Like other fundamental rights and liberties, parental rights are subject to substantial restrictions as a result of incarceration. Id.; see also SooHoo, 731 N.W.2d at 822 (recognizing that states may intrude on parental rights to protect children's well-being). For example, prisoners do not have an unconditional constitutional right to visit with family members. See Overton, 539 U.S. at 131–33, 123 S.Ct. at 2167–68 (holding that prison regulations restricting prisoners from visitation with family members, including minors, do not violate substantive due-process or free-association guarantees of First Amendment); Bellamy v. Bradley, 729 F.2d 416, 420 (6th Cir.1984) (holding that prisoner does not have an absolute constitutional right to visitation and limitations may be placed on visitation if necessary to meet penological objectives).
Because prisons “are peculiarly within the province of the legislative and executive branches of government,” courts accord deference to prison authorities. Turner, 482 U.S. at 84–85, 107 S.Ct. at 2259. This deference is highest when the prison regulation at issue involves security and safety. Kristian v. State, 541 N.W.2d 623, 629 (Minn.App.1996), review denied (Minn. Mar. 19, 1996). Accordingly, inmates retain those constitutional rights that are not inconsistent with their status as prisoners or with the legitimate penological objectives of the corrections system. Turner, 482 U.S. at 89, 107 S.Ct. at 2261–62; State v. Cuypers, 481 N.W.2d 553, 556 (Minn.1992).
Mitchell maintains that the proper legal standard for his substantive-due-process claim is set forth in Martinez, where the interests of prisoners and nonprisoners were “inextricably meshed.” 416 U.S. at 408–09, 94 S.Ct. at 1808–09. In Martinez, the United States Supreme Court invalidated a prison regulation that censored the prisoners' mail because the restriction of the prisoners' rights to communicate with nonprisoners consequentially restricted the First Amendment and Fourteenth Amendment rights of those who are not prisoners. Id. at 408–09, 415, 94 S.Ct. at 1809, 1812. The Martinez Court adopted a standard of review for prisoner-mail censorship that requires the regulation to (1) further a substantial or important interest unrelated to the suppression of speech and (2) impose a limitation that is no greater than necessary to further that interest. Id. at 413, 94 S.Ct. at 1811. Mitchell contends that the more stringent legal standard applied in Martinez is appropriate here because his parental rights are “inextricably meshed” with the parental rights of his daughter's mother and the right of his daughter to be parented, such that any restriction on his rights consequentially restricts their rights. We disagree.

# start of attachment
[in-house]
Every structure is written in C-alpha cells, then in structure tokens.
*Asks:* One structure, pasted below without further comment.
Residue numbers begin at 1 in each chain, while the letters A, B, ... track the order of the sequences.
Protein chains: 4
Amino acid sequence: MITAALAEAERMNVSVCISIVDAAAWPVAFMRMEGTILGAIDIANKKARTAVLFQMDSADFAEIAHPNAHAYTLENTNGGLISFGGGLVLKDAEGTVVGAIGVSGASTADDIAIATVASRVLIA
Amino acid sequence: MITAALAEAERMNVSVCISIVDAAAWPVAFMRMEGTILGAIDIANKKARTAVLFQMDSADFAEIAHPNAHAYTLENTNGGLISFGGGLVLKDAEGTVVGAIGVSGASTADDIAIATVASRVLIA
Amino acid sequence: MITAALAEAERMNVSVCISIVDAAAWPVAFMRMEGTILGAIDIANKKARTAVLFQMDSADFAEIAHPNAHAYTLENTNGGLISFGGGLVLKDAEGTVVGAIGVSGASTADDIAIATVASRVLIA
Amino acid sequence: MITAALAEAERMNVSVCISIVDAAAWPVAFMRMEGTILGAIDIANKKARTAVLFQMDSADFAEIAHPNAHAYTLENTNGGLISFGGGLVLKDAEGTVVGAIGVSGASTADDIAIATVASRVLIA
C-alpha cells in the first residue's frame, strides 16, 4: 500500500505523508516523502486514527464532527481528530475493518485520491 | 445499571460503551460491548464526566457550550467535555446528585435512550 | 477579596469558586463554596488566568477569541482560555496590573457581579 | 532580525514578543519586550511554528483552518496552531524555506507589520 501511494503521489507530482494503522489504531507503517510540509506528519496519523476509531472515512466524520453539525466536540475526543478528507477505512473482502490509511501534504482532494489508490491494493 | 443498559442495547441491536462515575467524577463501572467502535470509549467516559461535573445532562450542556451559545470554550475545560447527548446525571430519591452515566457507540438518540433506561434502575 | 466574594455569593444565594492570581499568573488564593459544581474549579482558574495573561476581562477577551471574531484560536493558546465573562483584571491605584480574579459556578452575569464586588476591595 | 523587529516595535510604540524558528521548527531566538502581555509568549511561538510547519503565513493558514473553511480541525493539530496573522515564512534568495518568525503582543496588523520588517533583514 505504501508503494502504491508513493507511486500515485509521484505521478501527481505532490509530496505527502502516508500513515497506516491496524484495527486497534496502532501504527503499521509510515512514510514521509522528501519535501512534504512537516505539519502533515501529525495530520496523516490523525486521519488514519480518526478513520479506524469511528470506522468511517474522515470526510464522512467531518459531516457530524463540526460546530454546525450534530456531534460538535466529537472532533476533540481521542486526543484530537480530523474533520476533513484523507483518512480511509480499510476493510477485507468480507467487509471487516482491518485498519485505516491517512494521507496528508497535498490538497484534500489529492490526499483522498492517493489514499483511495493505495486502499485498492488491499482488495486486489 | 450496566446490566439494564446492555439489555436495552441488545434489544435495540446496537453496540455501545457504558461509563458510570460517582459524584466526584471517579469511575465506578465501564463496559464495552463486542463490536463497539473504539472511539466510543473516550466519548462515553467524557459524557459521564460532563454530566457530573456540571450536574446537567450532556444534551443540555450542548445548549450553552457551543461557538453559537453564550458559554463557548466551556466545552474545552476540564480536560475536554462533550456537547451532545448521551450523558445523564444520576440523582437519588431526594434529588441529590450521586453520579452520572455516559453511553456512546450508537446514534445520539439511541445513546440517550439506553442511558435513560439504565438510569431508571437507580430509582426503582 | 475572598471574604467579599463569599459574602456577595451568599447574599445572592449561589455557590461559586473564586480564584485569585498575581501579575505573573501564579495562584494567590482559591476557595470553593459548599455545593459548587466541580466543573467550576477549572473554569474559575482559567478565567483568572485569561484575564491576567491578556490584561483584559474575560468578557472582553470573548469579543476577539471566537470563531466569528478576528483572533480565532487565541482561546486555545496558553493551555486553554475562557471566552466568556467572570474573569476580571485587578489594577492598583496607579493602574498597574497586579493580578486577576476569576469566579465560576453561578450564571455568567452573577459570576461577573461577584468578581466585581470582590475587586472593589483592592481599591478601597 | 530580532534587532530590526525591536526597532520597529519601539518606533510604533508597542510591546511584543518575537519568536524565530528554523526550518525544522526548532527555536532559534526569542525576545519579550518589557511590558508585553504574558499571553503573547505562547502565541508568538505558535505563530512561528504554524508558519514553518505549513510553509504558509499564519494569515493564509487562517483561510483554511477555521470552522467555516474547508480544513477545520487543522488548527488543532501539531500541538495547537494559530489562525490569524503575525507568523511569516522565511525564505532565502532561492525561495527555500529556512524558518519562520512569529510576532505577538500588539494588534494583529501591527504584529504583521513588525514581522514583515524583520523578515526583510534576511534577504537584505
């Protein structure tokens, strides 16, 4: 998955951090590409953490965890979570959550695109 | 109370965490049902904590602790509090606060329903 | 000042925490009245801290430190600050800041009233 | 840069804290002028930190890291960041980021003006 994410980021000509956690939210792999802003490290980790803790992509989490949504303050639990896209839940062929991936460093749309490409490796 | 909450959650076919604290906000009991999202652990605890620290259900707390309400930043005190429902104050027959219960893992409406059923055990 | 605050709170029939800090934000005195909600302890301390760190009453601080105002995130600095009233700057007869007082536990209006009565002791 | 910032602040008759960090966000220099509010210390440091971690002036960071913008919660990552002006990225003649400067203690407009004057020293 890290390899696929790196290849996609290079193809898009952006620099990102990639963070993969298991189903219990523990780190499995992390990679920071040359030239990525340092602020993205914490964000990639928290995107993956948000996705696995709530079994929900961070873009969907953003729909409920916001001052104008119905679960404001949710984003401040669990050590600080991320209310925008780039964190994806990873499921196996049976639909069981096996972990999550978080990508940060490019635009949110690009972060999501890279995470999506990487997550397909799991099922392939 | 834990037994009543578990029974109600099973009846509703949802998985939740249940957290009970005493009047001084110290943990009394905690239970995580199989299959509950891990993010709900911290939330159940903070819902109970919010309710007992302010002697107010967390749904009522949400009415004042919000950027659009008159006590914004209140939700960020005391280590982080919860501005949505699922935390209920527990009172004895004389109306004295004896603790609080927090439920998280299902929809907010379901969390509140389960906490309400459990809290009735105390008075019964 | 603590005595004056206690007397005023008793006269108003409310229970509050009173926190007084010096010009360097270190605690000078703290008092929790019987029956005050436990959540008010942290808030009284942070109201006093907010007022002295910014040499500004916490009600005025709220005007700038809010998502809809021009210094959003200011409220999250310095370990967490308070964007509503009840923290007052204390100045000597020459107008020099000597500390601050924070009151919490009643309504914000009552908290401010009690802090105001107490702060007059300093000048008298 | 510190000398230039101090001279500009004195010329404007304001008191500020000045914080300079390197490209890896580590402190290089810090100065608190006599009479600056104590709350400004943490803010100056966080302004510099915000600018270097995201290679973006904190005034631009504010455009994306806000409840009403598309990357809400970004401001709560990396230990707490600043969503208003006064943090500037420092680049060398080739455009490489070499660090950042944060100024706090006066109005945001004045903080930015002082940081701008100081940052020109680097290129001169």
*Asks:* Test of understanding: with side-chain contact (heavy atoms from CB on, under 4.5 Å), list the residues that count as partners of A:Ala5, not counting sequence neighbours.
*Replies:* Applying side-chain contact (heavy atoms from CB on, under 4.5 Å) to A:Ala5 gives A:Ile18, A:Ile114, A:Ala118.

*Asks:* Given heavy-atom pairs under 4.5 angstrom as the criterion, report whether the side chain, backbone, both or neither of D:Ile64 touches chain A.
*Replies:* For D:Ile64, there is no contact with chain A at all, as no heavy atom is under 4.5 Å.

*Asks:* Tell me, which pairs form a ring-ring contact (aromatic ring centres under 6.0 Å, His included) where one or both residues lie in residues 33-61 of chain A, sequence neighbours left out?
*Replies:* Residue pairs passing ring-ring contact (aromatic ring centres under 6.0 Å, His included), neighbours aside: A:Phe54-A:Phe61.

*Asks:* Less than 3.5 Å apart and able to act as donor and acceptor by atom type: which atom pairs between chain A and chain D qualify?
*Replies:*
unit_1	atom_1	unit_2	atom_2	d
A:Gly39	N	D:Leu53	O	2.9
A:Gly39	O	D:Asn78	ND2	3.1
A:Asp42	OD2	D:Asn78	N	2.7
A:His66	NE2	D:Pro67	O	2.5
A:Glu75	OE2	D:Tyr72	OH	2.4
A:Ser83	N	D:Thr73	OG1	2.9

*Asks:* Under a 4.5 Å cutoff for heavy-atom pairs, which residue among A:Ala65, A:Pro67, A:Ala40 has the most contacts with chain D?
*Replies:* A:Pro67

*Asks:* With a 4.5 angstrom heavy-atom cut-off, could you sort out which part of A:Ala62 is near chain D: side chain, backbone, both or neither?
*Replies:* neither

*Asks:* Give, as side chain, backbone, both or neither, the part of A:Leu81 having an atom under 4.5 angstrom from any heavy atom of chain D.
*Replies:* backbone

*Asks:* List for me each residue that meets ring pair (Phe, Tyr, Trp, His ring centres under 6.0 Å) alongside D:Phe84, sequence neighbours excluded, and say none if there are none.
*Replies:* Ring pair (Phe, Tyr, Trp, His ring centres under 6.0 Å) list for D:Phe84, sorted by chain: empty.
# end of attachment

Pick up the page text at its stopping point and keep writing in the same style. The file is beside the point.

Our research identifies only one case in which the United States Supreme Court has applied the Martinez standard to evaluate a challenged prison regulation-Martinez itself. The Turner Court expressly declined to apply the Martinez standard and established a less strict reasonable-relationship standard. Turner, 482 U.S. at 87–89, 107 S.Ct. at 2261. The United States Supreme Court subsequently has limited the application of Martinez to First Amendment claims regarding prison regulations of outgoing correspondence, Thornburgh, 490 U.S. at 413, 109 S.Ct. at 1881, and clarified that the reasonableness standard set forth in Turner “applies to all circumstances in which the needs of prison administration implicate constitutional rights,” Washington v. Harper, 494 U.S. 210, 224, 110 S.Ct. 1028, 1038, 108 L.Ed.2d 178 (1990); see also Thornburgh, 490 U.S. at 409–10, 109 S.Ct. at 1879–80 (stating that Turner establishes that the strict Martinez standard is “not appropriate for consideration of regulations that are centrally concerned with the maintenance of order and security within prisons”). Thus, the Turner standard applies here.